Friday, 5 September 2014

Wk 6 - Three point lighting

This week we got into the studio.  Terribly exciting!!!  Caryline took us through the three point lighting -

  1. Key light this is the main and strongest light.  Used on the subject
  2. Fill light this light fills the shadows which are created by the key light.  Two stops less than the key light.
  3. Back light aims to separate the subject from the background.  Slightly brighter than the key light, the back light provides definition and subtle highlights around the subject.

f/8.0, 1/80, ISO 100
Another thing to remember is to keep the ISO at 100 and that the shutter speed will not exceed 250

f/4.5, 1/80, ISO 100
 Here Bruce is shot under three point lighting
f/5.6, 1/80, ISO 100
Here only the fill light and back light are on.  Without the key light a shadow is cast on the left side of Jayde's face and shoulder
f/8, 1/80, ISO 100
In this photo you can see the rim lighting on Cecilia's hair

Below are photos from a photoshoot Cecilia and I did with my niece Paris

f/8.0, 1/100, ISO 100


f/10, 1/125, ISO 100

Wk 6 - Flash Artist

Jurgen Teller

A German artist, fine art and fashion photographer.  He is noted to be "one of the few top photographers left who does not retouch his photographs".  He is considered to the most important photographers of this generation.

Here Jurgen Teller uses direct flash on his subject.  There is a little shadow from the flash under the chin of the dog.  The background is over exposed leaving both the dog and roses looking blown out.  I'm guessing that the Jurgen Teller is taking the photo with one hand whilst holding the dog in the other. 

Title: Pettitoe, Suffolk 2011 Artist: Juergen Teller Medium: Photographs C-Print Size: 16x20in (40.6 x 50.8cm)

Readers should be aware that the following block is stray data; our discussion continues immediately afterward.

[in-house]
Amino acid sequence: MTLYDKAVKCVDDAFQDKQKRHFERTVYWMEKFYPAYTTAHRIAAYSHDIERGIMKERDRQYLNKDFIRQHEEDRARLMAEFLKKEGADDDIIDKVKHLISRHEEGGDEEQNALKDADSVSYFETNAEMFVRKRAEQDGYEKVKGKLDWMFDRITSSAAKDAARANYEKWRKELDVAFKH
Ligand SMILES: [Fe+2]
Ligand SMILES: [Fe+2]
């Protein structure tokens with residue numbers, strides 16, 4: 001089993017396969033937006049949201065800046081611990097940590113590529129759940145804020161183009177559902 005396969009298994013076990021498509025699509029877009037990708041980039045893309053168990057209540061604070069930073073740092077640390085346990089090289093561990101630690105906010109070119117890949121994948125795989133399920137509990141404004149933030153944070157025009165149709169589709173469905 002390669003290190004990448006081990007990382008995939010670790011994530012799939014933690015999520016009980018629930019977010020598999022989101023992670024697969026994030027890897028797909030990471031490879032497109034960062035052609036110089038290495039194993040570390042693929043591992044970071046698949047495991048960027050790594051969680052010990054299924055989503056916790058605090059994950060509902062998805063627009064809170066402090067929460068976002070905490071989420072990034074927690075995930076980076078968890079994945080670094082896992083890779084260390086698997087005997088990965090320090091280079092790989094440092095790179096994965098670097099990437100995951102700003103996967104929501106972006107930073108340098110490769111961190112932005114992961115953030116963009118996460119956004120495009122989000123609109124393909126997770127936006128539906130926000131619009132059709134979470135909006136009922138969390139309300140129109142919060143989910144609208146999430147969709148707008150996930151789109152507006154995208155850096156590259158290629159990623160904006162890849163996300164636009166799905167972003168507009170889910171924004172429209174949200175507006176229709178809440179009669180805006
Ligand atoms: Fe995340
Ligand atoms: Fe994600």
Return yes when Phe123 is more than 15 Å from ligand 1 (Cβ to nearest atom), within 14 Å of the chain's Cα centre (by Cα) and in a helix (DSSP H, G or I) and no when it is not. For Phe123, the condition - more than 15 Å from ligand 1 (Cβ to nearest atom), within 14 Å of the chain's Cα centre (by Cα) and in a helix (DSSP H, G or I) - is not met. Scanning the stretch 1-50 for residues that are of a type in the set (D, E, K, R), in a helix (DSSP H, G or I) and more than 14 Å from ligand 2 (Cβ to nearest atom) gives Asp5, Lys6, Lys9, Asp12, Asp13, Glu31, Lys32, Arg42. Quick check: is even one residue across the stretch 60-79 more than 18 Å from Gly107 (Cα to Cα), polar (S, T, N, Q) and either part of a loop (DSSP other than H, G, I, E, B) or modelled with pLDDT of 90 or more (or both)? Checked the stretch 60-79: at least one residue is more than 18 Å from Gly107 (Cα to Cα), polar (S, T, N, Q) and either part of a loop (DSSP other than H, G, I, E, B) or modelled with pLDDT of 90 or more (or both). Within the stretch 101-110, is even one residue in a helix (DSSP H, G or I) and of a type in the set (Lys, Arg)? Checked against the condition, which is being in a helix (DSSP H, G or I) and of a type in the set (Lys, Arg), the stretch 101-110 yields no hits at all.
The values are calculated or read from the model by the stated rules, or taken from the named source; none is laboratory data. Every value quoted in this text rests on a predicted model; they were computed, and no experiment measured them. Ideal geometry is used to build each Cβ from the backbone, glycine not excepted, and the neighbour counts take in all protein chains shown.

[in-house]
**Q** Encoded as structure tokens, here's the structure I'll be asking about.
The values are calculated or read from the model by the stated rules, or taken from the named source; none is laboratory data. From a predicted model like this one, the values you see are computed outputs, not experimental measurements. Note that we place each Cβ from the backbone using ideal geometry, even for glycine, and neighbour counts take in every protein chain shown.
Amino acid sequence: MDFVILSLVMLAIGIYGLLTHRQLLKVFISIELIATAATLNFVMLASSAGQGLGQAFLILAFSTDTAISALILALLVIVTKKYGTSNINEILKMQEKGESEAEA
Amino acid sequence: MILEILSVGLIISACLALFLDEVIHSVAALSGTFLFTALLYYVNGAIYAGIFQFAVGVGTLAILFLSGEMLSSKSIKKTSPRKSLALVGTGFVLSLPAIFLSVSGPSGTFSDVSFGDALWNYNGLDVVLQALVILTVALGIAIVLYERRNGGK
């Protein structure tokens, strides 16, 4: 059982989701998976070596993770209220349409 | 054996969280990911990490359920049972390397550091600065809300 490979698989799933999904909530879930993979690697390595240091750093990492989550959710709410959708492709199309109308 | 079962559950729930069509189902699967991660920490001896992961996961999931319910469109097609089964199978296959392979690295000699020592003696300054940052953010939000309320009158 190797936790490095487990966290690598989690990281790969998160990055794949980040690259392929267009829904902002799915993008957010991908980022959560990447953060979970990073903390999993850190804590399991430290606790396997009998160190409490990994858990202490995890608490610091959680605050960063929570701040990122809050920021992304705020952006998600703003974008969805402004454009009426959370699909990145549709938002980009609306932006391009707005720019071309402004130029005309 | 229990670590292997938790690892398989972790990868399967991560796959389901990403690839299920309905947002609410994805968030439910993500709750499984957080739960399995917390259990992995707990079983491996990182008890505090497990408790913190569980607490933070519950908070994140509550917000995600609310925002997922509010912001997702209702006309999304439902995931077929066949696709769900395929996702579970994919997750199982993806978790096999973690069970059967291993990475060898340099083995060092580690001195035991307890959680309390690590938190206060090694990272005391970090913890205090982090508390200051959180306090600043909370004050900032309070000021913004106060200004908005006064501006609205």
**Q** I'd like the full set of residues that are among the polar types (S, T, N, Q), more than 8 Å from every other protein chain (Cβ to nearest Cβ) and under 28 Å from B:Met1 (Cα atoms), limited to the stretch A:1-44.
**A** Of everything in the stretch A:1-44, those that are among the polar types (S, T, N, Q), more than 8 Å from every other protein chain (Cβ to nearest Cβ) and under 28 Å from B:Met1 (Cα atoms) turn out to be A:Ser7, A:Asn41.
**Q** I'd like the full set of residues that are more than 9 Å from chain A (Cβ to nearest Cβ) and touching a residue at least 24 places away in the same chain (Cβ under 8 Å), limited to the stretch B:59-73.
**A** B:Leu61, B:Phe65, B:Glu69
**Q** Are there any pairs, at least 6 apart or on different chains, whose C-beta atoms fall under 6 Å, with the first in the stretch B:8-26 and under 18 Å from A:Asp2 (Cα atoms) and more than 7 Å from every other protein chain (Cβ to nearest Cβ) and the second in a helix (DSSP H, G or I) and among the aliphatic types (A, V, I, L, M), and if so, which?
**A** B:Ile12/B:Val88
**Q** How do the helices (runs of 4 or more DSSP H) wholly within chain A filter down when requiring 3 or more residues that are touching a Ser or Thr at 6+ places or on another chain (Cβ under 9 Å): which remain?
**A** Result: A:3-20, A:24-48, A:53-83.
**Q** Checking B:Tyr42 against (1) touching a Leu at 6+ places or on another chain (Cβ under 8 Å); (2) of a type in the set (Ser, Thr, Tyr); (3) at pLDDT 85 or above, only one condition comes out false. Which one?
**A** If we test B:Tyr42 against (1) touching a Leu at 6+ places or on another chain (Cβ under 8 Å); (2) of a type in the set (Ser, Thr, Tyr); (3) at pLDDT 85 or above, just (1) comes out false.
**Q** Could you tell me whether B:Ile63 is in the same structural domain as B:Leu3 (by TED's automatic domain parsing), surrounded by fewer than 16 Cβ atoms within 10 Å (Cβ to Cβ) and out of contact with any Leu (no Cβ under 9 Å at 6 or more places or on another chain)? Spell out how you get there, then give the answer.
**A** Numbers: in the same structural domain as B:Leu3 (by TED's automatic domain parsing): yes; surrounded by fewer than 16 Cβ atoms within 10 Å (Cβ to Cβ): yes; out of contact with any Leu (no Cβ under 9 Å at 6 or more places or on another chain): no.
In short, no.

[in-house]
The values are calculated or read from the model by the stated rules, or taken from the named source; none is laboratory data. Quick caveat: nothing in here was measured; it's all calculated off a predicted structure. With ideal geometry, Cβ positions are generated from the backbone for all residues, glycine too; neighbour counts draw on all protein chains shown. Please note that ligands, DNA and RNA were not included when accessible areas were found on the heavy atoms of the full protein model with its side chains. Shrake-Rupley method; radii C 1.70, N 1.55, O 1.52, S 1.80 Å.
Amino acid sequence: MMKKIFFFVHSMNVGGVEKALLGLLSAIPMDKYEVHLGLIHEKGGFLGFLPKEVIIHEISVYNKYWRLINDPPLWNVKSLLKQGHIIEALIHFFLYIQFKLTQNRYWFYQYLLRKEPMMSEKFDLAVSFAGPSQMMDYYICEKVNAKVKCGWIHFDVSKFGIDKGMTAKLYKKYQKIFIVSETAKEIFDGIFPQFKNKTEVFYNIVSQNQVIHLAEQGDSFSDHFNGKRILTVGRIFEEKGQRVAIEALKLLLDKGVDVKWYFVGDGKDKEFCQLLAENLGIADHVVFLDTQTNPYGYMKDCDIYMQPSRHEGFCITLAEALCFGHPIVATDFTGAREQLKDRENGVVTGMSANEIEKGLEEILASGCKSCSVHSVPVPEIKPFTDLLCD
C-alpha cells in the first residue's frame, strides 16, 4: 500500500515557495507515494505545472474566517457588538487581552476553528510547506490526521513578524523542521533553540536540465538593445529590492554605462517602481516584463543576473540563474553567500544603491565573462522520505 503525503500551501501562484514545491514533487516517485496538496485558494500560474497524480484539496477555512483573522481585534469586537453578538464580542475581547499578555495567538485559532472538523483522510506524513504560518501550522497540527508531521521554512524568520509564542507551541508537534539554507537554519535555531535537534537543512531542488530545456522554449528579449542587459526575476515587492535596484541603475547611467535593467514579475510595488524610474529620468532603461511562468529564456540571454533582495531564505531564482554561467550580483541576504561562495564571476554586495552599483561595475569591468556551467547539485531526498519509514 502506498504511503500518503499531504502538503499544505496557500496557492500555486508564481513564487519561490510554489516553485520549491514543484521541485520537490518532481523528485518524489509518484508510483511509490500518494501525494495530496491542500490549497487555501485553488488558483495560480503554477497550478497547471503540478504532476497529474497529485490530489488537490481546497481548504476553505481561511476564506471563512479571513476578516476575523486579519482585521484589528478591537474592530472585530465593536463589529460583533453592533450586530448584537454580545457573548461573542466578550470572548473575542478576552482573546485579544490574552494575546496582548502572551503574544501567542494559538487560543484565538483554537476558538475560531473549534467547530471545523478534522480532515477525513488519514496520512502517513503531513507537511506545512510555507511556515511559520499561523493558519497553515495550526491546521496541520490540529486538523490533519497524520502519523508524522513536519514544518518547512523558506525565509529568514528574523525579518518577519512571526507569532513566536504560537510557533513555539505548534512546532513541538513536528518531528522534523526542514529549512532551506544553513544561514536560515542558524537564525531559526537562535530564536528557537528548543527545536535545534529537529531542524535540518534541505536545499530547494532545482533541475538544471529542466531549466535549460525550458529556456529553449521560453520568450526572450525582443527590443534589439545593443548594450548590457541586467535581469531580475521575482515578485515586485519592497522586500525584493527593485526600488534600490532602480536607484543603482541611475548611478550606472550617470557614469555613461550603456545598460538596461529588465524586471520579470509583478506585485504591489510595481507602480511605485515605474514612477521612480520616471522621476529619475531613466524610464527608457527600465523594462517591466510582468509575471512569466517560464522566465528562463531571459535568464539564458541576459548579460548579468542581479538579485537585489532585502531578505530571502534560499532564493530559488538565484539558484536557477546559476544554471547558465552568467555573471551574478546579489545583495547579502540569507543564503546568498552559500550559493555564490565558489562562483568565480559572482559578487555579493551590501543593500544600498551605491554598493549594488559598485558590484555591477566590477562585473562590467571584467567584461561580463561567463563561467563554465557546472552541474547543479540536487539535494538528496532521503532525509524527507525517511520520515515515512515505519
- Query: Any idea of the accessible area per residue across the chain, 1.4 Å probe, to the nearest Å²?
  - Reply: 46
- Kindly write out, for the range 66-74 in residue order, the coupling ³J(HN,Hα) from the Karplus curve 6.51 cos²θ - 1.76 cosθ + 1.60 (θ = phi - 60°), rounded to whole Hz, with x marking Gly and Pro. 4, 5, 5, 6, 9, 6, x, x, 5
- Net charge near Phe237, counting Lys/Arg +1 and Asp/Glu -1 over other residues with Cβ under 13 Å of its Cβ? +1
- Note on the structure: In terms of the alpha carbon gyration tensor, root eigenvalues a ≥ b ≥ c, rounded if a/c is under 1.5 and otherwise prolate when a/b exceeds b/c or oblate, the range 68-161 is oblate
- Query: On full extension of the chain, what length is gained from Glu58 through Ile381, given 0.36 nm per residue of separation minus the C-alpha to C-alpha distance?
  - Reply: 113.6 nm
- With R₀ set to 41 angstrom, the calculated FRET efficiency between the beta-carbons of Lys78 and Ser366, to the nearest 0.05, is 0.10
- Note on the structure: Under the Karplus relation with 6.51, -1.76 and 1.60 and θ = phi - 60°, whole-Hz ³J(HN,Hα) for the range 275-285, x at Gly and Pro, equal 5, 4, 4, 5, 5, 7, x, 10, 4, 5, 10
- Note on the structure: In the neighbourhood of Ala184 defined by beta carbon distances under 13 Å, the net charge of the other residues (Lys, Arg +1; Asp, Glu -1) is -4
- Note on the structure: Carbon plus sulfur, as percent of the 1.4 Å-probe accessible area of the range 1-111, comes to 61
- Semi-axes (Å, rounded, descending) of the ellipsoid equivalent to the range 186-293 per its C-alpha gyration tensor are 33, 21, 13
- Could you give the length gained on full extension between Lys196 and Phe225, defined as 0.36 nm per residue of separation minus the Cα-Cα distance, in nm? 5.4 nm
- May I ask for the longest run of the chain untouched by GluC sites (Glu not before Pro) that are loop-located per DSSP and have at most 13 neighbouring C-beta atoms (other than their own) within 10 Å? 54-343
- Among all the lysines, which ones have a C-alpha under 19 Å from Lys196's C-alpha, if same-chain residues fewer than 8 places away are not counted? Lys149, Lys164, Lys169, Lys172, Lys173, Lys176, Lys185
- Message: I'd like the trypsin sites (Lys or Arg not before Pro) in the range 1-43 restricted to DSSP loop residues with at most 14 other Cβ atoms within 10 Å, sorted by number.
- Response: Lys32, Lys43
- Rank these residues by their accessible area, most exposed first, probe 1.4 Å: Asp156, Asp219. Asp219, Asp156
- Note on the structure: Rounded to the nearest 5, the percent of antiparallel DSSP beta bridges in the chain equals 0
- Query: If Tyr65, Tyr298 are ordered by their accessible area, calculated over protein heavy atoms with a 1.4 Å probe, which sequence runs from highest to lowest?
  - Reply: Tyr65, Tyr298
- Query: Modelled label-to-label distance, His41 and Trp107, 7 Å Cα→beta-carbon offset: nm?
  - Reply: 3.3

Title: Kate Moss, Gloucestershire, 2010, No 4, 2010 Artist Juergen Teller Medium: Photographs c-print Size: 16x20in (40.6x50.8cm)


 In this photo Jurgen Teller uses diffused flash.  He may have used a diffuser as the light is even and soft.

Ernst Haas

An Austrian born photo journalist and renown pioner of colour photography.

Using flash and blur Ernst Haas captures a bird in flight demonstrating the complex moment and the perfect geometric shapes the bird makes as it glides through the sky.The flash and blur emits the flash light at the end of the shot which is shy the body of the bird is visible at the front.  You can see why hes the kingpin when it comes to colour.

Title: Bird in Flight, Norway 1959
This is another example of flash and blur.  Taken at the start of the race, the bodies of the swimmers are perfectly captured as they touch the water.  The swimmers, splashes of water, surfaces of the diving board create leading lines which depict high energy movement.

Title: Swimmers, Olympic, Los Angeles 1984

Thursday, 4 September 2014

Seeing exercise

I tried both of the seeing exercises and came away with different experiences.  The first seeing exercise was to name everything in sight with the wrong name.  I did this exercise while i was walking through the bush at Totara Park in Manurewa.  I did this for over five minutes.  This was a bit of a mission - i felt as though i was concentrating so hard at trying not to name things by their correct name that i literally was exhausted.  When i completed this exercised my vision seemed to be quite grey.  I don't know if that was because of the exercise or just the change in light from the shade of the bush to the open space of the car park.  I didn't feel as though i saw anything differently - but i must say when i got home i totally crashed out.

The second seeing exercise was to identify an object in my peripherals but not look directly at it.  After five minutes turn and look at the object.  The object i chose was a framed saying which hangs in my kitchen.  When i finally looked at the frame the image seemed to come right out towards me like a three dimensional image.

I also saw things i didn't notice before - my eyes were drawn to the middle of the image.  I actually saw more detail in the picture.  I saw cutlery on the table that i didn't notice before.  I also saw that there was more than six chairs.  Below is a photo of the frame. 

 I found this exercise better than the other because i actually could see a difference, with the other exercise the only thing i noticed was that i was tired after it.